Practicing Presence while Networking

I previously wrote a post about practicing presence in relationships, and in this post I want to focus on a particular piece of that pie – practicing presence in networking.

I’ve been doing a lot of networking for my business lately, and noticing two different ways I can be a dick about it:

  • Talking about what I want without listening for what the other person might want. For example, recently I was connecting with someone over the phone for the first time about possibly teaching some workshops for his organization. I dove straight into what I had to offer without connecting to what he was wanting. Not surprisingly, I wasn’t invited to offer a workshop for this organization.
  • Not talking about what I want. For example, I used to call up old friends “Just to re-connect,” when in reality I was hoping they might be able to introduce me to some possible clients. I can’t recall this ever working.  It also makes me want to puke.

Though these seem like opposite types of behaviors, both of them are motivated by attachment to a specific outcome which benefits me, with no consideration for the person with whom I’m connecting.

Realizing this, I am setting a new goal for networking, which I stole from Nonviolent Communication. That new goal “is to create a quality of empathic connection that allows everyone’s needs to be met.” Business needs, emotional needs, or whatever – all the needs.

From a moral perspective, this makes clear sense – my needs are not more important than other people’s needs. It also makes sense from a business perspective – if I repeatedly place my needs above others’, eventually nobody will be willing to work with me.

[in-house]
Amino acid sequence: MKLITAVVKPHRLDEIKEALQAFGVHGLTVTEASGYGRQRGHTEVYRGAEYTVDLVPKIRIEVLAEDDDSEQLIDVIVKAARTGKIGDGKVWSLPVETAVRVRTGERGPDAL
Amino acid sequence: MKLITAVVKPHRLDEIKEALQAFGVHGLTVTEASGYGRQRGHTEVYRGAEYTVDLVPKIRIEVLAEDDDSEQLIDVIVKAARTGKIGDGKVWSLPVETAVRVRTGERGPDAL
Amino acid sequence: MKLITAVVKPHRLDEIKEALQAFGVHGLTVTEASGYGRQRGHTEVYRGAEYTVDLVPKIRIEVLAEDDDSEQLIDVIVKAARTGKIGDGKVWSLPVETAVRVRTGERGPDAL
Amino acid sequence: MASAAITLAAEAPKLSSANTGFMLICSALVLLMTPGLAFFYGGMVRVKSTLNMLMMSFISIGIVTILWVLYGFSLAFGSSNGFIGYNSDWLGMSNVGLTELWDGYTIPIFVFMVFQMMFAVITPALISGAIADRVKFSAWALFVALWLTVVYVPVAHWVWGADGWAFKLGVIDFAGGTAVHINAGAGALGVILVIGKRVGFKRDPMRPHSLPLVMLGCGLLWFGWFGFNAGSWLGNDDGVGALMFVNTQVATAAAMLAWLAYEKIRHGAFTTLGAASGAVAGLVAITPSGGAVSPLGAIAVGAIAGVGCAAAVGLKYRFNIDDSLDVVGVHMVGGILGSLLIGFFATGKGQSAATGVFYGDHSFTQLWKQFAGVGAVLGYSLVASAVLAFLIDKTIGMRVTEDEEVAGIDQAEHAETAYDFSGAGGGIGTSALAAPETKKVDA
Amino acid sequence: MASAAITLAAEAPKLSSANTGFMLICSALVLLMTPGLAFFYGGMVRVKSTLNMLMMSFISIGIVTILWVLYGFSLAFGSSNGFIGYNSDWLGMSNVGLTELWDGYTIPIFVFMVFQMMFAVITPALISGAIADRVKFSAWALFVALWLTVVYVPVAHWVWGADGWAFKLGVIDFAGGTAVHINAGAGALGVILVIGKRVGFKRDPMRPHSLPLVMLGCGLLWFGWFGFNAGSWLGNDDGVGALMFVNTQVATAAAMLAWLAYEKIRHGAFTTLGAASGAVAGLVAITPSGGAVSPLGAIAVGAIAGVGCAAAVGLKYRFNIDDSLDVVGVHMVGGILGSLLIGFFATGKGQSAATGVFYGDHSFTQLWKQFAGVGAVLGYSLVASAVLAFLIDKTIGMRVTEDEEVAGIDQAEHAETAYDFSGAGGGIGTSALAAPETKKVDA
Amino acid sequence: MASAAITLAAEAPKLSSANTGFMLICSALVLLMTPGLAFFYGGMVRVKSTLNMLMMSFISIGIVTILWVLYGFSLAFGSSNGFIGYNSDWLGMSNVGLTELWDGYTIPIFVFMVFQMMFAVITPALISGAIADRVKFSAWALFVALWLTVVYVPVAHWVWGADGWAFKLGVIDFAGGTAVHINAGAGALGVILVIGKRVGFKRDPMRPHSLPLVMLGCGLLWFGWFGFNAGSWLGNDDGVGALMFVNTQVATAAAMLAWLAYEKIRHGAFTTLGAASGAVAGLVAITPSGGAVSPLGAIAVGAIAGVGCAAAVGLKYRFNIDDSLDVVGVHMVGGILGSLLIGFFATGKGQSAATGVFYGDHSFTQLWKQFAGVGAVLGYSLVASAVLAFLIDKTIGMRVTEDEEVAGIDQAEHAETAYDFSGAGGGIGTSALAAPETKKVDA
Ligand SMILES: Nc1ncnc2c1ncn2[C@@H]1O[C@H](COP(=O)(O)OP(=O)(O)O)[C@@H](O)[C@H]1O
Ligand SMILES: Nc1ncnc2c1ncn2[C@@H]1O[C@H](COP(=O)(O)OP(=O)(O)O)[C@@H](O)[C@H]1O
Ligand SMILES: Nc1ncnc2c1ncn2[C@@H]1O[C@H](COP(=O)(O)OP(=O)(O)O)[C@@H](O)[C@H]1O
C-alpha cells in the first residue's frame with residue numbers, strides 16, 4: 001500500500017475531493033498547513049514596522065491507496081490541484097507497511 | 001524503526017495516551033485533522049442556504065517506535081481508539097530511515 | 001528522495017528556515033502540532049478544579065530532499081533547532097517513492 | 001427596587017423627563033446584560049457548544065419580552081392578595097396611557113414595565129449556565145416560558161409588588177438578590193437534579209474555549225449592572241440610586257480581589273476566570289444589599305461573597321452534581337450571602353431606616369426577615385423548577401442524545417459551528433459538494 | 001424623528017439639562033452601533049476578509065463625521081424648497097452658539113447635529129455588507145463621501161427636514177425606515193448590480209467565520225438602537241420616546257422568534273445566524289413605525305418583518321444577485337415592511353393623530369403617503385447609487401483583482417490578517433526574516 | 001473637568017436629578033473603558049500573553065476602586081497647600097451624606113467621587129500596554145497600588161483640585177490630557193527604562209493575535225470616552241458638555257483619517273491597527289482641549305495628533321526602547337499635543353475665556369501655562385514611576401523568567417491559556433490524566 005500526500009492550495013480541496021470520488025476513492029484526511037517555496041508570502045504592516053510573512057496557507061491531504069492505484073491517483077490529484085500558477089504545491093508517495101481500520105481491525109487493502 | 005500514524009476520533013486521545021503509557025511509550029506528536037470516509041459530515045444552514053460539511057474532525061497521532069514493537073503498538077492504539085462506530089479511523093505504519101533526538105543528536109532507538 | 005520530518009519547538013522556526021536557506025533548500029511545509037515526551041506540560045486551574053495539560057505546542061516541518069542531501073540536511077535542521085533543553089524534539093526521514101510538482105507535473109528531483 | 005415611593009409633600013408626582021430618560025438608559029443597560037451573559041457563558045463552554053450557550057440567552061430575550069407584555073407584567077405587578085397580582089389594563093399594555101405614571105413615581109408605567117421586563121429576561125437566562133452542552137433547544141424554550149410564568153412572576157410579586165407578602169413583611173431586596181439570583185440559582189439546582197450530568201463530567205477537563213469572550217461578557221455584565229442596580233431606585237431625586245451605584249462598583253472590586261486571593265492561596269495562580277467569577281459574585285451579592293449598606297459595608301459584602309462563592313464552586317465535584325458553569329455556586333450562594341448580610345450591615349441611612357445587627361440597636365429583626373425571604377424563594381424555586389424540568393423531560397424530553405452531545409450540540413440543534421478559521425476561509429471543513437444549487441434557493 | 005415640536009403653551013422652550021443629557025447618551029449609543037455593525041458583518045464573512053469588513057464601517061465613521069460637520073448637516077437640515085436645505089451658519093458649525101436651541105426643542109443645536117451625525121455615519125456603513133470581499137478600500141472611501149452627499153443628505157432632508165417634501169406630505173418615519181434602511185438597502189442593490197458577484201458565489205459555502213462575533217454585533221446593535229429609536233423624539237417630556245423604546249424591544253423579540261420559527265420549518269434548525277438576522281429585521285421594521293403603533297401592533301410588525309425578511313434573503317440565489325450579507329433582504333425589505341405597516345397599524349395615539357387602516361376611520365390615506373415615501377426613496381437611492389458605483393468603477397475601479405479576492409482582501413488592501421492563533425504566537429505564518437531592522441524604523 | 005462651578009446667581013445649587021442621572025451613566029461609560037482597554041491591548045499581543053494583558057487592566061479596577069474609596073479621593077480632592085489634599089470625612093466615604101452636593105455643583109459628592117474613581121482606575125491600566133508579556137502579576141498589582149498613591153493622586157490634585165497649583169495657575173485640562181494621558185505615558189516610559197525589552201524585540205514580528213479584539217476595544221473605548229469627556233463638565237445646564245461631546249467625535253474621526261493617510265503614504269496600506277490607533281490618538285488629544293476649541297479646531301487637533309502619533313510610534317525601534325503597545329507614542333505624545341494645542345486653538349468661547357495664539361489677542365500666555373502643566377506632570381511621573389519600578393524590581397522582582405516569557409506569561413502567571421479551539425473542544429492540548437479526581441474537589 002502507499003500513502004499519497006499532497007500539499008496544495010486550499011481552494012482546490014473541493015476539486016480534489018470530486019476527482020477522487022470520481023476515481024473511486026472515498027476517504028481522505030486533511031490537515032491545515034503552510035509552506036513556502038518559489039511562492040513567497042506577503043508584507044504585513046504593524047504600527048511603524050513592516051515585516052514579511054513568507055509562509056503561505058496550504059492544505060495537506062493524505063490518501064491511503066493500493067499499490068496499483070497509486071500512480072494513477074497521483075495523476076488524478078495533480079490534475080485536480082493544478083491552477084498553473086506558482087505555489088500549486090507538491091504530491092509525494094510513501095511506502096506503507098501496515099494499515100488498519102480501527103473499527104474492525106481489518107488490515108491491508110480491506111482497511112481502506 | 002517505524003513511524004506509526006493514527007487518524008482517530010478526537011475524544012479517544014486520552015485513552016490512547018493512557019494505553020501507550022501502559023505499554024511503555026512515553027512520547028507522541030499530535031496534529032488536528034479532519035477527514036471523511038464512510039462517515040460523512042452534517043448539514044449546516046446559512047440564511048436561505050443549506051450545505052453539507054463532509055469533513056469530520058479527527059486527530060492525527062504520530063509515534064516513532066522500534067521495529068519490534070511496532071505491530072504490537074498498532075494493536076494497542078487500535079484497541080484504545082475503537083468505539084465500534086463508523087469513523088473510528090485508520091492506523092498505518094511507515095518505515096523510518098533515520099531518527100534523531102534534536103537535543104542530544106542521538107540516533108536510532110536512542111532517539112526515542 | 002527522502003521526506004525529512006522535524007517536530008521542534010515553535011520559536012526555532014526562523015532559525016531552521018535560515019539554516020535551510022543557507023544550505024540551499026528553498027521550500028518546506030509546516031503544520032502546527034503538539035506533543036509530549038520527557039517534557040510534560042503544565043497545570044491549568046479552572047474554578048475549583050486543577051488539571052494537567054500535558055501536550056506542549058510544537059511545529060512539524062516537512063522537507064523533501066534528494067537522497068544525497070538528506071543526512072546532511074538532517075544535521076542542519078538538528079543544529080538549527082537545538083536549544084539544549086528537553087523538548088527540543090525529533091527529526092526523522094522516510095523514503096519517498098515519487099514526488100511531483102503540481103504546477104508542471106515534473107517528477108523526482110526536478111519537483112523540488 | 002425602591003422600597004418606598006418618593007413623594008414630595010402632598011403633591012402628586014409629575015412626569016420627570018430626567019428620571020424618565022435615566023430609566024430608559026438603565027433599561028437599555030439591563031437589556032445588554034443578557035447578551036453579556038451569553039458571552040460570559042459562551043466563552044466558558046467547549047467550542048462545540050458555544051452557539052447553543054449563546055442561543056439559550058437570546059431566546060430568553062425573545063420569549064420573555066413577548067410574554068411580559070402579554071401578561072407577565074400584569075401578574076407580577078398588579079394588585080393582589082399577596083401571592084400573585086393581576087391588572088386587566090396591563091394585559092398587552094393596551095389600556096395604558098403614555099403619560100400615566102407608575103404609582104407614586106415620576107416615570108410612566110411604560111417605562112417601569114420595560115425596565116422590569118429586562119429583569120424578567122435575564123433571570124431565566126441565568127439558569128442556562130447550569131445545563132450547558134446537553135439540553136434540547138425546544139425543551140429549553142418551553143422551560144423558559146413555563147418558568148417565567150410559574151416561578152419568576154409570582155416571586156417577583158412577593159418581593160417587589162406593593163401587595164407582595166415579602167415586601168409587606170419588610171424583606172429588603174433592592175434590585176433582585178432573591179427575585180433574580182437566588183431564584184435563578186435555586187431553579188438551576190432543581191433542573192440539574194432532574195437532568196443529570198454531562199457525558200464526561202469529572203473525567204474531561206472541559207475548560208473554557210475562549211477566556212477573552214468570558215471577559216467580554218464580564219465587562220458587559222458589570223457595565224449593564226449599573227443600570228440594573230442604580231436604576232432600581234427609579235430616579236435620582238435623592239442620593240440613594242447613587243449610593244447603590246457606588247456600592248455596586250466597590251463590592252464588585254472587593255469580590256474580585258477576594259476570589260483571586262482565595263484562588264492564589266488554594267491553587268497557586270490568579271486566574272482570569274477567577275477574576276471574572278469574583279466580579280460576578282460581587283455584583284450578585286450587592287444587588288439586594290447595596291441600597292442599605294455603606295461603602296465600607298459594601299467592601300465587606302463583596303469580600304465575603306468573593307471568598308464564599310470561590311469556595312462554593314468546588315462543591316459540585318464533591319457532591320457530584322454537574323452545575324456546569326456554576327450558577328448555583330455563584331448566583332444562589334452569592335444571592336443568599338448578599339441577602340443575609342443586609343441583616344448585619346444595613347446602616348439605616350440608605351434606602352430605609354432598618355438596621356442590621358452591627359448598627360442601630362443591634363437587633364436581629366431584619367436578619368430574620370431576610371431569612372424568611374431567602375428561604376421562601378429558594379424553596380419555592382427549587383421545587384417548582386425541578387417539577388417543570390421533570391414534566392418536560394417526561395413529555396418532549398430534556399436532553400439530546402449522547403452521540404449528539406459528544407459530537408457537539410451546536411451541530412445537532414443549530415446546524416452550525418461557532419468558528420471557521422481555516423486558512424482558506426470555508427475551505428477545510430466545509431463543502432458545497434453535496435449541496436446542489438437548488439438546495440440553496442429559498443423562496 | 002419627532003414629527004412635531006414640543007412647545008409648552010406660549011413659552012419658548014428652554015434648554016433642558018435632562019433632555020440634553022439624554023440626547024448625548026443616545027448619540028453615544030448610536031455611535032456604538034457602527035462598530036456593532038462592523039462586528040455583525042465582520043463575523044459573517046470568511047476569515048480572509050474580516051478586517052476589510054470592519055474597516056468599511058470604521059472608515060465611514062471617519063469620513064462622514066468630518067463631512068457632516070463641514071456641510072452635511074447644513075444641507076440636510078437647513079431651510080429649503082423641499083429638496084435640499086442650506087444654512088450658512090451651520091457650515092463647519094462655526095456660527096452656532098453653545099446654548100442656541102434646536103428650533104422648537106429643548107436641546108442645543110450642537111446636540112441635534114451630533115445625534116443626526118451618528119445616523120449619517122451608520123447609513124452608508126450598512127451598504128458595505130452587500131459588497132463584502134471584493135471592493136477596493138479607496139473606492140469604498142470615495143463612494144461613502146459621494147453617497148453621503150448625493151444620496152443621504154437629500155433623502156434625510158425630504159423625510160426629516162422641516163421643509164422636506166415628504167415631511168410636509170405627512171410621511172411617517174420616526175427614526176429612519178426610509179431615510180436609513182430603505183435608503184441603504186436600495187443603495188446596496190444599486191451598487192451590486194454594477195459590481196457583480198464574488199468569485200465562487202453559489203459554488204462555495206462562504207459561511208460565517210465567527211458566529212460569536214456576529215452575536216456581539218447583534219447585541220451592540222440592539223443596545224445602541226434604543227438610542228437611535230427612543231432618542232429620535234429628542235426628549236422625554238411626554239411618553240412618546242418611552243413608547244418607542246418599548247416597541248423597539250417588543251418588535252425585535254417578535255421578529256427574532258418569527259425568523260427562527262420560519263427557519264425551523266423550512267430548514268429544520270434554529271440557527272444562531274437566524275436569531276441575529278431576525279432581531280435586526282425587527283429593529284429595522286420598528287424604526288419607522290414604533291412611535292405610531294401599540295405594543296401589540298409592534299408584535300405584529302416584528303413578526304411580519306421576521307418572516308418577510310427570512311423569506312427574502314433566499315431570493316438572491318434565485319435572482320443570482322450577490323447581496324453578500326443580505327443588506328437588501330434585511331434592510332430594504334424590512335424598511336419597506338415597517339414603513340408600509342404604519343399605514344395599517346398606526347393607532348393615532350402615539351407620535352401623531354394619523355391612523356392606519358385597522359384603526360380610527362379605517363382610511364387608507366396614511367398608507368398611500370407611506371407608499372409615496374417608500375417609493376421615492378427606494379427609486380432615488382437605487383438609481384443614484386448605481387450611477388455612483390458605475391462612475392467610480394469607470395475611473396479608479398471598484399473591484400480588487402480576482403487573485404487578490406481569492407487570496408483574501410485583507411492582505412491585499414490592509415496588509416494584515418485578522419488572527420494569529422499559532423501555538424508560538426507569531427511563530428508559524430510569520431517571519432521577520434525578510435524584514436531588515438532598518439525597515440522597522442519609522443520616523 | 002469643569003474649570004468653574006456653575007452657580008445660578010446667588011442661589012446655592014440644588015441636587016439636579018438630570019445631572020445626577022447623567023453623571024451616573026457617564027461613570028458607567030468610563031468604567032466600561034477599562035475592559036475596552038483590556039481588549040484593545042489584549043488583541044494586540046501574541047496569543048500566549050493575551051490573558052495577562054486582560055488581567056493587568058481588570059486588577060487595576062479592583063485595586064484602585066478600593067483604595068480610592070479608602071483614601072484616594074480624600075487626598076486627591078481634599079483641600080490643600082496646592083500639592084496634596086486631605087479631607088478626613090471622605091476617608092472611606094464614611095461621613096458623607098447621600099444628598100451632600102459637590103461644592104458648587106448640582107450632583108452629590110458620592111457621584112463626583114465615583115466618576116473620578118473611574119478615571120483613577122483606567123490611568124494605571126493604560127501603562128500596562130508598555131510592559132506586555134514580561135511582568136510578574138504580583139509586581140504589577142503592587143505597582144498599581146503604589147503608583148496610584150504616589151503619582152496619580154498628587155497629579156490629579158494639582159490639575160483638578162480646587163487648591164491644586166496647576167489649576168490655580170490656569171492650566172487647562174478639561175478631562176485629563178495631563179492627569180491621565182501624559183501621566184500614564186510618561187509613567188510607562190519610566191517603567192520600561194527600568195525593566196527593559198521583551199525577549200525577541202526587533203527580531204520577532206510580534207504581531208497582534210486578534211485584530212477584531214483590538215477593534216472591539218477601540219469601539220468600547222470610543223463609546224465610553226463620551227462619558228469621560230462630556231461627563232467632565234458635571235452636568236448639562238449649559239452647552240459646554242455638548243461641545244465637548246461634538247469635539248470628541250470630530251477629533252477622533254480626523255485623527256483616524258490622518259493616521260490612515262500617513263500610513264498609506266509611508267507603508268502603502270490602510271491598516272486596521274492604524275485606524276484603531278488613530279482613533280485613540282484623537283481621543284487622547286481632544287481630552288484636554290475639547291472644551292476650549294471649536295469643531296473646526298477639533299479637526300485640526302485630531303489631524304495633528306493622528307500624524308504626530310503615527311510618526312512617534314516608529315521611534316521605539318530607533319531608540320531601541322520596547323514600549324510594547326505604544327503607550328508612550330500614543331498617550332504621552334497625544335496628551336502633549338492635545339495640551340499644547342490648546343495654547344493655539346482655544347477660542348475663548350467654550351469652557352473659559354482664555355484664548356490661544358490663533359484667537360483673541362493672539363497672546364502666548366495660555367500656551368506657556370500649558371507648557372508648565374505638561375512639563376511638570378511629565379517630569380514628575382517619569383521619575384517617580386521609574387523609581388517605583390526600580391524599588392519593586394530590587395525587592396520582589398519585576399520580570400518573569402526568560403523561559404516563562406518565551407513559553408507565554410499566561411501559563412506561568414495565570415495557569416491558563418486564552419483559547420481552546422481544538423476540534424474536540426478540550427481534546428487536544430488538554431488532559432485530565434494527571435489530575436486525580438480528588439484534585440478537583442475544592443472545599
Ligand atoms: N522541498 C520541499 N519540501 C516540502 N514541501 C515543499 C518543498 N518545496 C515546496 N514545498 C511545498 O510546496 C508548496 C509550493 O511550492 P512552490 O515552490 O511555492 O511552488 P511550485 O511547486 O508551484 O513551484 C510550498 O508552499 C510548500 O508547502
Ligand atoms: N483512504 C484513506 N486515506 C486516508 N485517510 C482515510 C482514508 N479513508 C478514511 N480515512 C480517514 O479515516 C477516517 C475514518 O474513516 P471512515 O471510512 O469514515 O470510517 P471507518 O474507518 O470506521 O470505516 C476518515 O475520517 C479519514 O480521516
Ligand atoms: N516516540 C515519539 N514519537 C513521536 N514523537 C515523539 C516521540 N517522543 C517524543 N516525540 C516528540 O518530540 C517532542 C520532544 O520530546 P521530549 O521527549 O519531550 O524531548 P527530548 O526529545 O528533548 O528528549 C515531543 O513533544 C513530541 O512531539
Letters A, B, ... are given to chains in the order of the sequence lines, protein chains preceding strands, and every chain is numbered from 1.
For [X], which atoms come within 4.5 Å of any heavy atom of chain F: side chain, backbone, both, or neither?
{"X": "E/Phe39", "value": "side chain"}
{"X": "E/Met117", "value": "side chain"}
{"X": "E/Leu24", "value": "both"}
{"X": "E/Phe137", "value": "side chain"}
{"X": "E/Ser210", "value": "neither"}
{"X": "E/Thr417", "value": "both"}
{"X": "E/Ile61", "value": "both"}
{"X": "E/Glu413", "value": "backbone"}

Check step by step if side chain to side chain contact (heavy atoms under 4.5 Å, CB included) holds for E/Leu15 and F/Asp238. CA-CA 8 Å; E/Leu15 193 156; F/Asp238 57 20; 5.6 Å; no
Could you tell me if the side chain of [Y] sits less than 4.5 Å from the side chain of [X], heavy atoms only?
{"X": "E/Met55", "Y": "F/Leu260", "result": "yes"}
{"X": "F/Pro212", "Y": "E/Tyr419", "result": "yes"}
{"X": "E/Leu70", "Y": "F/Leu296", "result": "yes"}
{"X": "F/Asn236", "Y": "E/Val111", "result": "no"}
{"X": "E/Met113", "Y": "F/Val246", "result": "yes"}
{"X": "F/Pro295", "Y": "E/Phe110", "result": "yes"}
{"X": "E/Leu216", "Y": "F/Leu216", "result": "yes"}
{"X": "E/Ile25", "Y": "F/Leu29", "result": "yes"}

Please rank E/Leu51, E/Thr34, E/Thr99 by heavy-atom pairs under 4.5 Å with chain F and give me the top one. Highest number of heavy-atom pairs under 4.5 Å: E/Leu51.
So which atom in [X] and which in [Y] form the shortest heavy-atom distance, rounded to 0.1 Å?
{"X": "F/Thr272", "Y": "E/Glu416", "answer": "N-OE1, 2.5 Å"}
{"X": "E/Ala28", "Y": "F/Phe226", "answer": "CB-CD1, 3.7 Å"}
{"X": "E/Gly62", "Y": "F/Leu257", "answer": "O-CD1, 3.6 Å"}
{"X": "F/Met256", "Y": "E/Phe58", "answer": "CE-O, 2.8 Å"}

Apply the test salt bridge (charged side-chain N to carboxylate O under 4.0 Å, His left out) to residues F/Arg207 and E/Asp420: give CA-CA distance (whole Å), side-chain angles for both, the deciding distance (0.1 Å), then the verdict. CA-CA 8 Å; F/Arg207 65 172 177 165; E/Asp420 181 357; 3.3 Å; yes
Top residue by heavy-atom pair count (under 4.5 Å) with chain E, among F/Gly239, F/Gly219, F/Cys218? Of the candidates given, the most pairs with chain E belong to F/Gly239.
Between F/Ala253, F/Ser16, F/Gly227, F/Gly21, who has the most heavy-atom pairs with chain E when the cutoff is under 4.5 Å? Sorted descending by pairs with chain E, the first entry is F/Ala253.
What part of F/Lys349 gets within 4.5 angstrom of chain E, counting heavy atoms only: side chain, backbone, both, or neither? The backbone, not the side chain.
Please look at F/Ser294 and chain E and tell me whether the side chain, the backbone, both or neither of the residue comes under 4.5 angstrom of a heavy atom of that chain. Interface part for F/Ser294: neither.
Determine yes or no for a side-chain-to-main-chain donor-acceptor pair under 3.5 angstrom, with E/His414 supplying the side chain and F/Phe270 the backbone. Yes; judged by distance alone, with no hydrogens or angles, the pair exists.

How will I do this? First, when connecting with someone for the first time, I need to be upfront about my motives. If they’re not willing to connect for that reason, then I won’t waste their time – or mine.  If it seems like they don’t want to talk, I’ll thank them for their time and leave them alone.

If they do want to talk, I’ll usually try to schedule a time to have a more in depth conversation. If I want to create a meaningful business relationship with someone, I find that it’s usually not so convenient to do it on that spot.

Whenever that deeper conversation happens, instead of steamrolling the other person with questions, first I’ll take some time to connect “Is now still a good time to talk? How was your day? How do you know so-and-so?” The key here is that these questions come from a place of genuinely caring about the other person, not from a manipulative desire to make them feel comfortable so they’ll be more likely to help me.

Another key is to allow space between my questions – space for them to think, to respond, and to ask questions of their own. I want to be sensitive to what the other person might be wanting, and if I don’t give them space to voice that, I’ll never know.

Even if they only want to help me, I still want to think of and offer other ways I might be able to help them – in the same way I might offer my friend a cup of water when she comes to my apartment. If she says no, I won’t be offended – it’s simply an offering of care. Whether or not she accepts is irrelevant.